Bankroll Yourself

Want to beat out more than two-thirds of the population? Keep a personal budget.

A Gallup poll found that only 32% of Americans keep a budget and I’m betting that number is on the high side. Many people tell themselves they keep a budget because they have a running mental tally. Or maybe they count that one time in high school economics when they were forced to create one. Or maybe they follow the classic “I save as much as I can” and they call that a budget. Maybe you’re in one of these categories. Time to change it.

You know what type of people keep the best budgets? The rich…or the soon to be rich. It’s time to step up and join them. Welcome to the elite!

Why have a Budget in the First Place?

There are two practical reasons to have a budget. Peace of mind and big payoffs.

The peace of mind portion is pretty straightforward. Having a budget means you’re always financially covered. What happens if you lose your job? Covered. What happens if your home gets uninsured water damage? Covered. What happens if you and your spouse both get into an accident on the same day destroying both cars and putting us both in the hospital? Covered.

The big payoffs are things that you save up for that bring meaning to your life. Your dream home, a fantasy vacation, or early retirement. Big payoffs are the positive motivation to keep you moving forward. The items below are some big payoffs my wife and I have cashed in on because of our budget.

The Big Purchase Payoff:

Several years back we needed to buy a car for my wife. Her parents had graciously let us borrow their car for a year or so after graduating college, but we knew it was temporary solution and needed to get their car back to them. Having a budget allowed us to save up and buy a car she loves…in cash.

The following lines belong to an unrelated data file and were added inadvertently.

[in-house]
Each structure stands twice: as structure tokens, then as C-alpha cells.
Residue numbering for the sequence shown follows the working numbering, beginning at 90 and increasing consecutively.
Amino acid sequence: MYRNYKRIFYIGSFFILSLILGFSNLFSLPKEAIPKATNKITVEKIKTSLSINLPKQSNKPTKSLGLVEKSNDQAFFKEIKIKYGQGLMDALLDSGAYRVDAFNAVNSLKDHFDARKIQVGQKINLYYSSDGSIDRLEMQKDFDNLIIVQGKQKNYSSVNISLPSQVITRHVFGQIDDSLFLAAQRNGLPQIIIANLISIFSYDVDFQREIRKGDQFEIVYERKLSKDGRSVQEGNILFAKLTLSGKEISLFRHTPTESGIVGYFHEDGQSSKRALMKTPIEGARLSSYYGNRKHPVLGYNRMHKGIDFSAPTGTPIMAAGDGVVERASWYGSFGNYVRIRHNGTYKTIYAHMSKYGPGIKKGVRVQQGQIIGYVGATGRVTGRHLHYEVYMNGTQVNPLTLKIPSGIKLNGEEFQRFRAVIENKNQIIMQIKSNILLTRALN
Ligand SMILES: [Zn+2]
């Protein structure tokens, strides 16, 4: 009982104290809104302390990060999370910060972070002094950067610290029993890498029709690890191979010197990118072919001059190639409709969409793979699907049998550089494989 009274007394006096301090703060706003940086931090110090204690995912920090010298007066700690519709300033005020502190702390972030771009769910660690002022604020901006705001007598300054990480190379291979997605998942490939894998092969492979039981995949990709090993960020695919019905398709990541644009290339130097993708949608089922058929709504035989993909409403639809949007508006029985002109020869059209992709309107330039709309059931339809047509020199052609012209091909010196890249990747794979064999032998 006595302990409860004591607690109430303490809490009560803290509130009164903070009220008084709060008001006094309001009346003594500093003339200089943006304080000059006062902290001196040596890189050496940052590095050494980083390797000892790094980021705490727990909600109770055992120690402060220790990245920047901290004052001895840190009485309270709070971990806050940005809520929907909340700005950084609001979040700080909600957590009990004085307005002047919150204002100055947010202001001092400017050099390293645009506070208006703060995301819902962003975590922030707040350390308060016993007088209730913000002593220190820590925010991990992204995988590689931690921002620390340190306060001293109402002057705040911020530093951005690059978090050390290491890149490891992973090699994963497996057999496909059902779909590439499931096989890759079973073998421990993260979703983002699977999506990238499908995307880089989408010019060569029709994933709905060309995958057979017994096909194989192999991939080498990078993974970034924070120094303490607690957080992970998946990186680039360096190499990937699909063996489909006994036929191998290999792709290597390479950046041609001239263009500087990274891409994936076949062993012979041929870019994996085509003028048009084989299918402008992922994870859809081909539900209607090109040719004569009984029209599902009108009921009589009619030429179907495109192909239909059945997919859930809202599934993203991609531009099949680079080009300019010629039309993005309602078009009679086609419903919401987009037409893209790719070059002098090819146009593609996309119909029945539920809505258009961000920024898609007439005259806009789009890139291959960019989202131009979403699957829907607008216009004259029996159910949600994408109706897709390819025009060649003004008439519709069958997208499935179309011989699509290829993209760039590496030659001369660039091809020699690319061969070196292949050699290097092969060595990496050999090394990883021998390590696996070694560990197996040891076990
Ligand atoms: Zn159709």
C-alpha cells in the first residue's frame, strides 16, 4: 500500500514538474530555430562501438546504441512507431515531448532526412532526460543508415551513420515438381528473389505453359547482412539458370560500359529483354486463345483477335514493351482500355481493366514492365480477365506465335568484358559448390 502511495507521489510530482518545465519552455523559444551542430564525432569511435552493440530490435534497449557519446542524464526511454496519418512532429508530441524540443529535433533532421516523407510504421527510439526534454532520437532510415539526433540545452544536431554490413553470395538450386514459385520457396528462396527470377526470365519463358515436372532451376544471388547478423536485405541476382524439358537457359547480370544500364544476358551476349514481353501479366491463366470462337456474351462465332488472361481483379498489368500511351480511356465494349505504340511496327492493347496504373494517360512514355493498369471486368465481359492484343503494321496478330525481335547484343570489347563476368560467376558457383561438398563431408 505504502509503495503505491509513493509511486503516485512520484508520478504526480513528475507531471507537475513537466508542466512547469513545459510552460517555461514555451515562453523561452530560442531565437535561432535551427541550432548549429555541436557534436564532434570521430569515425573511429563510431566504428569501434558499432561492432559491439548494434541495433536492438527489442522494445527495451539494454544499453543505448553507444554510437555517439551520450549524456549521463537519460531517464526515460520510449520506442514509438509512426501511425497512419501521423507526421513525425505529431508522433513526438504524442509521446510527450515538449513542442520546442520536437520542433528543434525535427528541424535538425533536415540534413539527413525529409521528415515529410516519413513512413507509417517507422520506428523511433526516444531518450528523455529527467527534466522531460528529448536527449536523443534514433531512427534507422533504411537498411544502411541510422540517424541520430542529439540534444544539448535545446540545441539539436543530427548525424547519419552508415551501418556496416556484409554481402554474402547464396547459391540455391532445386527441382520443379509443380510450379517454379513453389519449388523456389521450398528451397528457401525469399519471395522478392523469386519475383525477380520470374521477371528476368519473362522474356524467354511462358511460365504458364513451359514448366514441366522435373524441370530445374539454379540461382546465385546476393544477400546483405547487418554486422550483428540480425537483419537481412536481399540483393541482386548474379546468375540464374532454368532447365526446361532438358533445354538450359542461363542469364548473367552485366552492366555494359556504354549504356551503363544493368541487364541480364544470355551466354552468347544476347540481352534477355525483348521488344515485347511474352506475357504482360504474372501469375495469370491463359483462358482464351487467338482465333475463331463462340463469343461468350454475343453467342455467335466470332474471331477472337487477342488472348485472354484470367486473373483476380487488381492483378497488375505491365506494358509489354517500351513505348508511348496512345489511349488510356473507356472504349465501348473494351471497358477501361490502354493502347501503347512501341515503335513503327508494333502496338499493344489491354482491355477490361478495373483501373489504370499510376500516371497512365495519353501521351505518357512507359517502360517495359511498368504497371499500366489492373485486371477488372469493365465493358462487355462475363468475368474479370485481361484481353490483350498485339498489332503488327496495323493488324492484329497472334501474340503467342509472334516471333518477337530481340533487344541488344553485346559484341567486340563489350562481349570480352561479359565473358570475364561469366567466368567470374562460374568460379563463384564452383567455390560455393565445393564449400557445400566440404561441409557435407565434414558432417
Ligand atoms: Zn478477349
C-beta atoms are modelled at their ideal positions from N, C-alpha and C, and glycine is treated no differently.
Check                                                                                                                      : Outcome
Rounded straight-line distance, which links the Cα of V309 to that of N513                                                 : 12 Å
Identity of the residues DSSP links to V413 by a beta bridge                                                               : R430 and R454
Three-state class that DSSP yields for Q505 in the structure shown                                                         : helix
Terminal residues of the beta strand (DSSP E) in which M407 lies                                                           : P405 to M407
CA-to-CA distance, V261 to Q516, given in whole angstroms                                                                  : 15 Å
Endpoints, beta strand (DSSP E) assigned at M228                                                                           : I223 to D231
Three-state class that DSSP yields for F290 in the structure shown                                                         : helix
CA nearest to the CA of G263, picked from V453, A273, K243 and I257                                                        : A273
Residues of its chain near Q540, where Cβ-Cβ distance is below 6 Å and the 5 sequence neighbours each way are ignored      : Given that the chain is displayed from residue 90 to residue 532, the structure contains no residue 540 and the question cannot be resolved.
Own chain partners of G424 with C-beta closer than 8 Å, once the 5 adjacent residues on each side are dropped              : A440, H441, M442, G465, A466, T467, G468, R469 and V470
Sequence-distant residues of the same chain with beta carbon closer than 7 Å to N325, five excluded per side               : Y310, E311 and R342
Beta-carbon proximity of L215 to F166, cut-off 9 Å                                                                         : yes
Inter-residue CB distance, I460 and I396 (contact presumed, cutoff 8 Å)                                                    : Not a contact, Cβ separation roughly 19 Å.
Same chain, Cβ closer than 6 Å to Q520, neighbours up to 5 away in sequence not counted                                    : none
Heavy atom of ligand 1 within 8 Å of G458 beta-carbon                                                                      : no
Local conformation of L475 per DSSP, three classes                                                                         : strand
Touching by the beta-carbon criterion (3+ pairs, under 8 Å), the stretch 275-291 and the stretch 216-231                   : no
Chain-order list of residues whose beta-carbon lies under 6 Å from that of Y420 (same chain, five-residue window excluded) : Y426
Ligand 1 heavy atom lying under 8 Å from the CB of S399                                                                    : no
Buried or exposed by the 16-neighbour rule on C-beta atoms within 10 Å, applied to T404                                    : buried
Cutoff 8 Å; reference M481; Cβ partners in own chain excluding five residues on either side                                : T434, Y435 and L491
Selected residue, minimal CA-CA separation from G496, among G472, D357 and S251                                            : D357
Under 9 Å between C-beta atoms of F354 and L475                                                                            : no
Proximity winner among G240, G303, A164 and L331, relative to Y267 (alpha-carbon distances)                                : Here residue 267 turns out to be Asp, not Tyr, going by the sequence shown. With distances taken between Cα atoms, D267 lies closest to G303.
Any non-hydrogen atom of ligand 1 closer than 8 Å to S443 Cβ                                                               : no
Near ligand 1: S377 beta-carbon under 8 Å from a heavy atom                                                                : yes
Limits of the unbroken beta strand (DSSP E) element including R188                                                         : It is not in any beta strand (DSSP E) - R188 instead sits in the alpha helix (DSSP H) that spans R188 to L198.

No loan, no payments. Just driving enjoyment and that amazing we-paid-for-this-shit-ourselves feeling! How long did it take? About 10 months.

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The Luxury Vacation Payoff:

We save for our vacations and when we’re there, we live it up. Last year we saved $5,000 to go to Germany and Belgium. And we lived like royalty while were there…Except one night when due to my poor planning when we ended up in a cheap motel…in the parking lot a McDonalds…right next to a freeway.

But otherwise we went for it! We rented a candy apple red Jaguar and burned it up along the Autobahn. We went out to fancy meals…every night. We went on tours, we bought luxury chocolates, and catered to our every whim. It was awesome! Thanks budget!

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The Thank-You Payoff:

Shortly after purchasing a home my wife and I took our parents out to an extravagant dinner. This may sound like a small deal, but it was a very big thing for them and for us. We had closed on our home about a month earlier and had budgeted to be able to take them out and thank them.

We thanked them for helping us through college. We thanked them for helping us to have the wedding of our dreams. And we thanked them for the guidance they gave us that enabled us to purchase a home in the first place.